I have lived in and travelled to a lot of places where you can’t just turn on the taps and drink. In Pakistan we couldn’t even use the water for washing vegetables – it all had to either come out of a bottle or be rigourously boiled first. But here in SA you can. I don’t know if this is country-wide and have no idea what it is like in the townships but certainly  the fact that clean water comes out of the taps is indicative that something is being done right.

Toilets

And in the same vein, roadside toilet stops are not the nightmare they can be in some countries. I have encountered toilets so bad, peeing in the bushes was definitely preferable. Here though they are almost always clean and usually have plenty of paper. We’re travelling to Mozambique in a couple of months – I am already nervous about what we will find there…

Radio

Okay, specifically one radio station: Five FM. Back home in the UK I have pretty well given up on radio. Sometimes I will listen to it for the news or current affairs shows but for music, there isn’t really anything that floats my boat. Either it’s trying so hard to be hip and trendy and down with the kidz that I’ve never heard of any of the songs (and the presenters jar appallingly with their attempts at cooldom) or it’s full of the sort of awful music from about 15 years ago that they think we’re interested in. And not much in between. Here, 5FM is fresh, funny, and plays fantastic music – with no ads! I don’t know how they do it but I have heard more good music on 5FM in the year since we arrived than I have in about the previous ten years in the UK. I suspect this is one I will be streaming over the internet when we leave for good.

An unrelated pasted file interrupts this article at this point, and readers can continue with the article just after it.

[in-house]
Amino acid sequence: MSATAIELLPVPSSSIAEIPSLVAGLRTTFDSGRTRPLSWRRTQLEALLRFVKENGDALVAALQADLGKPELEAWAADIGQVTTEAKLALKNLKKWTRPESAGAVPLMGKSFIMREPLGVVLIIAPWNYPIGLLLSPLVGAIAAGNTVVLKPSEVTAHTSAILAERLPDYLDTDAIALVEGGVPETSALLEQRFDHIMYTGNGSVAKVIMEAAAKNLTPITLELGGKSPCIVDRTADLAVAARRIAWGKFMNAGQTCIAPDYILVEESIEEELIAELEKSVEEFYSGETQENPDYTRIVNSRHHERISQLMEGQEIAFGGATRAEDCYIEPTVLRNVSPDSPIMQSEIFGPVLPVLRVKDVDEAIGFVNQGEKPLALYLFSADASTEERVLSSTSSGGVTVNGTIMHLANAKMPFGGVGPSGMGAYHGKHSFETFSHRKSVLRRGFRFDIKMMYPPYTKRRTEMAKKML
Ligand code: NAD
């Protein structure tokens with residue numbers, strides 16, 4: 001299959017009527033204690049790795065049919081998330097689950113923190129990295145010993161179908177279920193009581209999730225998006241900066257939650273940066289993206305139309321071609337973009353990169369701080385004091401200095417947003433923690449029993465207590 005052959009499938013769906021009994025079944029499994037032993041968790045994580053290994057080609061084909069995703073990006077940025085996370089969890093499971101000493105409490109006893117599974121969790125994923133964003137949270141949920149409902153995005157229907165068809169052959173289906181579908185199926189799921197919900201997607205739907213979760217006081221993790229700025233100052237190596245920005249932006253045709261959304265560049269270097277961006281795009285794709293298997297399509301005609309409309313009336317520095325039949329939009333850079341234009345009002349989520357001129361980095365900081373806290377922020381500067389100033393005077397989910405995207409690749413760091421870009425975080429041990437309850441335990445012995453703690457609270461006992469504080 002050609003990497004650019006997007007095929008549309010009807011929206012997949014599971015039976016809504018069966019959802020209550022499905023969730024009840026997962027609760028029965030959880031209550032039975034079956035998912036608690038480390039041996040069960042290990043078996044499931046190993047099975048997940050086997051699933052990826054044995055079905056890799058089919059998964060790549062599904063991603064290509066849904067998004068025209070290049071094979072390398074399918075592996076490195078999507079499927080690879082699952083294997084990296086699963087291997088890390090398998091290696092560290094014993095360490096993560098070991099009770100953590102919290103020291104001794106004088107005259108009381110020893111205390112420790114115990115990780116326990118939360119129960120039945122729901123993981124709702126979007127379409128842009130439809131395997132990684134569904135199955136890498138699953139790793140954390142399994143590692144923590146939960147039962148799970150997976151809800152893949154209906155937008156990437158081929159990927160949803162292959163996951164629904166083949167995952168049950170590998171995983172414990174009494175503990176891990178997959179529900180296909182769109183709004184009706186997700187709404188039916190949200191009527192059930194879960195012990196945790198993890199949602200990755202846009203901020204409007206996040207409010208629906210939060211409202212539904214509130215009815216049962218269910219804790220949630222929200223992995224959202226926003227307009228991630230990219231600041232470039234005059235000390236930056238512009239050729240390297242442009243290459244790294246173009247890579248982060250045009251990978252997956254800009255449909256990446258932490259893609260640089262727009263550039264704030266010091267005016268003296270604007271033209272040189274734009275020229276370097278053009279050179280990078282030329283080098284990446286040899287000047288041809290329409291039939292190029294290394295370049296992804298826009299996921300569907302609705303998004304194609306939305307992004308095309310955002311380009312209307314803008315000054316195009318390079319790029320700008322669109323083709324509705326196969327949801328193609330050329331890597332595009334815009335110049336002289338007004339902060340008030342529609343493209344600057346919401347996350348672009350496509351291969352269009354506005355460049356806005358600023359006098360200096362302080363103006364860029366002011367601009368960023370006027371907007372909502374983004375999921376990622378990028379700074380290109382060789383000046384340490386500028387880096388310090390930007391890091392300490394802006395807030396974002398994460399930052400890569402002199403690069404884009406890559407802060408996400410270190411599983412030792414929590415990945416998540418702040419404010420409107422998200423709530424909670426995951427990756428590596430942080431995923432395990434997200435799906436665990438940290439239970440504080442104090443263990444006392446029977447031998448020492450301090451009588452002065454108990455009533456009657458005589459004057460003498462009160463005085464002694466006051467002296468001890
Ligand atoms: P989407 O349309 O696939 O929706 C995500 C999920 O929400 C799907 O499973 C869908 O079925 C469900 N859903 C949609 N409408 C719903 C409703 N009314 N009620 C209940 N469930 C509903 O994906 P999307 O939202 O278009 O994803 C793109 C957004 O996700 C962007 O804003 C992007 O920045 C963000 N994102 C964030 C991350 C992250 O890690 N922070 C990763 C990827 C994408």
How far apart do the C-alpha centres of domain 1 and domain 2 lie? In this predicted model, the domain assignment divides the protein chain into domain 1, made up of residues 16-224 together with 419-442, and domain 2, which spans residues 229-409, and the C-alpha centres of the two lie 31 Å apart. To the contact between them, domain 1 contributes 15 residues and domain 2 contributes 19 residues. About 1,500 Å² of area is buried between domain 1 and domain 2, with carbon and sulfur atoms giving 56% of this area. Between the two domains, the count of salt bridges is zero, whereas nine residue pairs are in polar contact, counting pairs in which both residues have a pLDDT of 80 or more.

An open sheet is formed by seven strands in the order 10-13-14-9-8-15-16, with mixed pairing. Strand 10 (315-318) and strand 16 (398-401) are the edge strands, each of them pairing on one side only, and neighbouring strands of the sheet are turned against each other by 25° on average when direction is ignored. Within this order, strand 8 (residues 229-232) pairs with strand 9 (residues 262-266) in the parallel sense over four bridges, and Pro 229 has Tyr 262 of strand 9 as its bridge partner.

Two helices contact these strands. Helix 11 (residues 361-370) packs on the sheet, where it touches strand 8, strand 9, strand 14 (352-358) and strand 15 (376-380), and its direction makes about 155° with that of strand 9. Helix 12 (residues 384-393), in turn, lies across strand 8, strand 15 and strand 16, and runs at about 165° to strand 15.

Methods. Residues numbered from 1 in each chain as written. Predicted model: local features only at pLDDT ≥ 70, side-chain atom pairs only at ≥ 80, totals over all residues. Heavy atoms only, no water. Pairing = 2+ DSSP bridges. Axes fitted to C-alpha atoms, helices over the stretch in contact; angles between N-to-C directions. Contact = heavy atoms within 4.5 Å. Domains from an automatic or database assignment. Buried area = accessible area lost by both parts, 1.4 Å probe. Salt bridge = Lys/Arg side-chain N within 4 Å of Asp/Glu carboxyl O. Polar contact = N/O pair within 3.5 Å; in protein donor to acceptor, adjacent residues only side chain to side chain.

So those are just a few things I think South Africa gets right – I can think of many, many more but now it’s over to you: please tell me in the comments section below some of the things that YOU love about this country. Or if you are not South African, do not live in South Africa or have never even visited South Africa, I would love to hear what your general impressions are of it. Good or bad…

 

 

A year in South Africa – my highlights

This time exactly a year ago we were perched  on the sofa in our garden, nibbling at sandwiches made with the sort of peanut butter I have since learned never to buy, wondering at the cold air but hot sun, listening to the strange sounds of the screeching hadedas and trying to contemplate our new life in this huge and hugely exciting country.  I can’t believe it has been a year. Fresh off the overnight flight, we felt like pale, strange animals found under stones – defenceless and pathetic, entirely reliant on others to keep us safe.

But here we are, 365 days on (or rather, 366 as it’s a leap year) and we’ve toughened up. Learnt our way around. Found out where to source the food we want, the clothes and shoes we need, and the books we desire. Bought a dog. Completed a year of schooling (the children) and a year in a new office (husband). Found friends, and sadly lost some of them to repatriation. Travelled far and wide but at the same time realised how much more there still is to see.

It hasn’t always been an easy year but overall we have loved our life in South Africa. I could drone on for hours about what we have been up to since we got here but really, that would get pretty dull. So here, instead, are just a few highlights:

Best trip

A hard one this as we have had so many great holidays since we arrived. Namibia, Cape Town, Mauritius are all up there. But for sheer excitement and for memories that will last with us forever, I think it was our six day safari in Kruger National Park with my parents in December/January that wins this one.

Best meal out

Again, so many to choose from. Eating out in South Africa is  genuinely.one of the best things about this country – possibly because to us, it is so much more affordable than at home but also because the food is great quality and very innovative. So there have been many, many good meals and quite a few great ones. But probably the one I enjoyed most overall was a wine-tasting meal at Zest Bistro in Pretoria where we sat at a long table with other guests and were given different wines to taste with each course. The food was fantastic (I have been back and enjoyed it even without gallons of wine to wash it down!), the wine was world class and the mixed company of friends and strangers was perfect.

Best tour